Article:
Following a fascinating conversation with Professor Shelley Correll, head of the Clayman Institute for Gender Research at Stanford University, I was reflecting this morning on what she said about women being held to a higher standard of niceness than men … and whether this had any impact on the just-announced resignation of UK Cabinet Minister Maria Miller MP. Her resignation, somewhat forced onto her by screaming newspaper headlines and several colleagues in Westminster, follows an investigation into her expense claims and what is now being quoted over and over again as her 32-second apology which was labelled as “graceless”.
I am wondering if it was the expenses claim and the need to pay back certain monies OR… the fact that she was not contrite enough in her apology. I am somewhat suspending judgement as I don’t know the details, only those conveyed through the media which may not have been entirely neutral. It was Maria Miller who was in charge of two very controversial areas of reform: press regulation and gay marriage, both of which seemed to make her many enemies, enemies who now seemed very vocal in her hour of difficulty. The MPs in her own party who spoke out against her were the same ones who voted against Gay Marriage.
I am wondering, in the light of what Professor Correll shared in our video interview, if Maria Miller was being held to a higher standard of niceness than if a male Cabinet Minister had issued the same brief apology? Is she out because she was not contrite, or nice enough? There are so many other occasions where ranks are closed around government leaders by their colleagues but not in the case of this woman. I have watched the apology on the BBC website and it sounds straightforward, she does not sound arrogant but more likely nervous. Her supporters say she was trying not to cry. The atmosphere in the Westminster chamber is not one that is conducive to anything but direct lucid communication, not a place to make an emotional statement.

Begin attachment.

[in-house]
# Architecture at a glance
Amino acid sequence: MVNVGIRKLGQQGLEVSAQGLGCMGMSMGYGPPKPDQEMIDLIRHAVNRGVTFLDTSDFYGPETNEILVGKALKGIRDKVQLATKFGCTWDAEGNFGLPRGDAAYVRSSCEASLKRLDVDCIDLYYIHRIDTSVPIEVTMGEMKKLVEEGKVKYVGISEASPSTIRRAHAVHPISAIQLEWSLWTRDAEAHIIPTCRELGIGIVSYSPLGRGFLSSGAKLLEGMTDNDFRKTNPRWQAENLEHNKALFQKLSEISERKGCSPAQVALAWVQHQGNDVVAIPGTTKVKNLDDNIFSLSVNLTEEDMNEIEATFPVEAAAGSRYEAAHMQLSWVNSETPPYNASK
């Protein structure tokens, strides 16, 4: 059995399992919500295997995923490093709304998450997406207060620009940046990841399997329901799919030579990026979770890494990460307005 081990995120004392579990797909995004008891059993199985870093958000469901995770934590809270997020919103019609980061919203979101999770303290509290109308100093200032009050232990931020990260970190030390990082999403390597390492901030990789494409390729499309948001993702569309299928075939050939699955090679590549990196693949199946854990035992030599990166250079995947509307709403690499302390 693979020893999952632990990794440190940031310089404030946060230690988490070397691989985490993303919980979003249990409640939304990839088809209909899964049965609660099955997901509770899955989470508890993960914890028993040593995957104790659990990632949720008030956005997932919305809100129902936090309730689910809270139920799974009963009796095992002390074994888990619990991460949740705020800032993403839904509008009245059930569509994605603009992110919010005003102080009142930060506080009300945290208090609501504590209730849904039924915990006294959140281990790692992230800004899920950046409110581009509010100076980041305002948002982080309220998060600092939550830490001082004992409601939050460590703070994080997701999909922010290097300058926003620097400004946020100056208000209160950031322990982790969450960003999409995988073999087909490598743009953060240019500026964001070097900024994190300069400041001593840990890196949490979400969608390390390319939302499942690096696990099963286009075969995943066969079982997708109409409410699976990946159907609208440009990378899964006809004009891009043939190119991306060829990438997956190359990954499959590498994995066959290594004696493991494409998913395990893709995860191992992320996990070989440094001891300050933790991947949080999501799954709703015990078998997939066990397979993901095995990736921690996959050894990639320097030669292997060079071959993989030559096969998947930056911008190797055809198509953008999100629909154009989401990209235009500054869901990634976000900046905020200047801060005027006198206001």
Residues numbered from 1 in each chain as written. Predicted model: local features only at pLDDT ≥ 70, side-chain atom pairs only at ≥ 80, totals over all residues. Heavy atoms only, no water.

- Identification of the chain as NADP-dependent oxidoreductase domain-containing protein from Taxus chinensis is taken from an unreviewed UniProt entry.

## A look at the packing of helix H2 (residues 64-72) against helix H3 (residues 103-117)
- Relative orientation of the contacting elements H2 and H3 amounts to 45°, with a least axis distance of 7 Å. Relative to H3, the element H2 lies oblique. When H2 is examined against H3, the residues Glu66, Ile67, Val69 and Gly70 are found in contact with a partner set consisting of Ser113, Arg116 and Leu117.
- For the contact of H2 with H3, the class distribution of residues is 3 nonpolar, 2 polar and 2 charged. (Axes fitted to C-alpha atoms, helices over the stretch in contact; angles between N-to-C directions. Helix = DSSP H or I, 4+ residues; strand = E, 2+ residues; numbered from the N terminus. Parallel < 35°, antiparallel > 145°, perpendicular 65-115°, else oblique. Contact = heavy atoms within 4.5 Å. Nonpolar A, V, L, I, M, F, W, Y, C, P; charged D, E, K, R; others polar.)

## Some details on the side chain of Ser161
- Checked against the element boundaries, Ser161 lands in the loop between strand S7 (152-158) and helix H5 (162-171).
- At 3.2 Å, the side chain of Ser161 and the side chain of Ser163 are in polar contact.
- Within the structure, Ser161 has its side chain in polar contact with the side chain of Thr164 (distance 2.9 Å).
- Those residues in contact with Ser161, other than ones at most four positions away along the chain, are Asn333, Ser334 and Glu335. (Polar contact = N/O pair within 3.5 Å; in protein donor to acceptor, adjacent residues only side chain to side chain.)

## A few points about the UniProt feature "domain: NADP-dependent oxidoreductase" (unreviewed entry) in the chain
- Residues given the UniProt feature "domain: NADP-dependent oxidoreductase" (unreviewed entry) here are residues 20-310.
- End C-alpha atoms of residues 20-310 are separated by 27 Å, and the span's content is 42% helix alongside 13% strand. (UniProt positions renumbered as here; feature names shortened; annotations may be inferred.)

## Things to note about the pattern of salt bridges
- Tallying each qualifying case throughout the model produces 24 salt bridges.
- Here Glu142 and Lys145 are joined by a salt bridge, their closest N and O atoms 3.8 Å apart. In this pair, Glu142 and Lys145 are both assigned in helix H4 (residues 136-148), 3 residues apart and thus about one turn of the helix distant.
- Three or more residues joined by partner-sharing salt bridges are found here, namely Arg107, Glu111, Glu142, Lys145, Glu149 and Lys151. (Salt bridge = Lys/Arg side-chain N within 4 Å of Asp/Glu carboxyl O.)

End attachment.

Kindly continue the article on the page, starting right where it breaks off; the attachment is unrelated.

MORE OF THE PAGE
So do watch the interview … see what you think?
Transcript of conversation
Shelley Correll: This is another one of these really hard problems ….. the unconscious bias literature shows us that women are less likely to be perceived as competent than men are. One of the things a woman might do if she feels people aren’t seeing her is to promote herself a bit
Gina Lazenby: we are told to toot our own horn!
SC: exactly. .. And so what happens when they do that, it does raise their level of competence with which they are seen, so it really does help, but at the same time people do not like self-promoting women.
What happens is they see them as more competent but at the same time they like them less. We see this with women leaders as well. Enacting a leadership role requires women to act in a more assertive, competent, confident way. In doing so people often don’t like them. They see them as pushy, selfish or bossy, and not being very likable. This comes about because one of our stereotypes about women is that we should be nice ……. we hold women to a higher standard of niceness than men.
Acting in a leadership role doesn’t look so nice to us when a woman does it but it looks perfectly fine when a man does it. So there is a trade-off there when a woman looks confident and is self promoting – people don’t like her. If she backs off and acts more meek and mild they like her but don’t see her as being very competent. And the problem is, to be effective, it is better to be seen as both competent and likable, and not have those be a trade off.
GL spoke about how reports published in the Harvard Business Review say that people now want leaders with empathy and warmth who are much nicer that previous versions ….
SC: I don’t think the changing way we view leaders is going to automatically benefit women. I think we are going to have to do more than just hope that that is going to take us somewhere.
GL: there are a lot of conversations out there following on from John Gerzema’s book about the traits people want in the modern ideal leader. 8 out of 10 traits are listed as feminine.
SC: Being empathetic is seen as being feminine and is also associated with other low status groups like ethnic minorities who are seen to be more empathetic, even if they are men, than their white counterparts. Again, this is what people say they want from leadership.
A group that is in power has the ability to redefine themselves in ways to maintain their position. I am not optimistic that this on its own will bring about higher representation of women leaders
The biggest gains that will be made is in reinforcing that when women are in leadership positions, it’s good for creativity, it’s good for team problem solving, it’s good for a company’s bottom line …. Those are the kind of things that are going to motivate firms to want to really go out and get more women. That is where the biggest attraction is.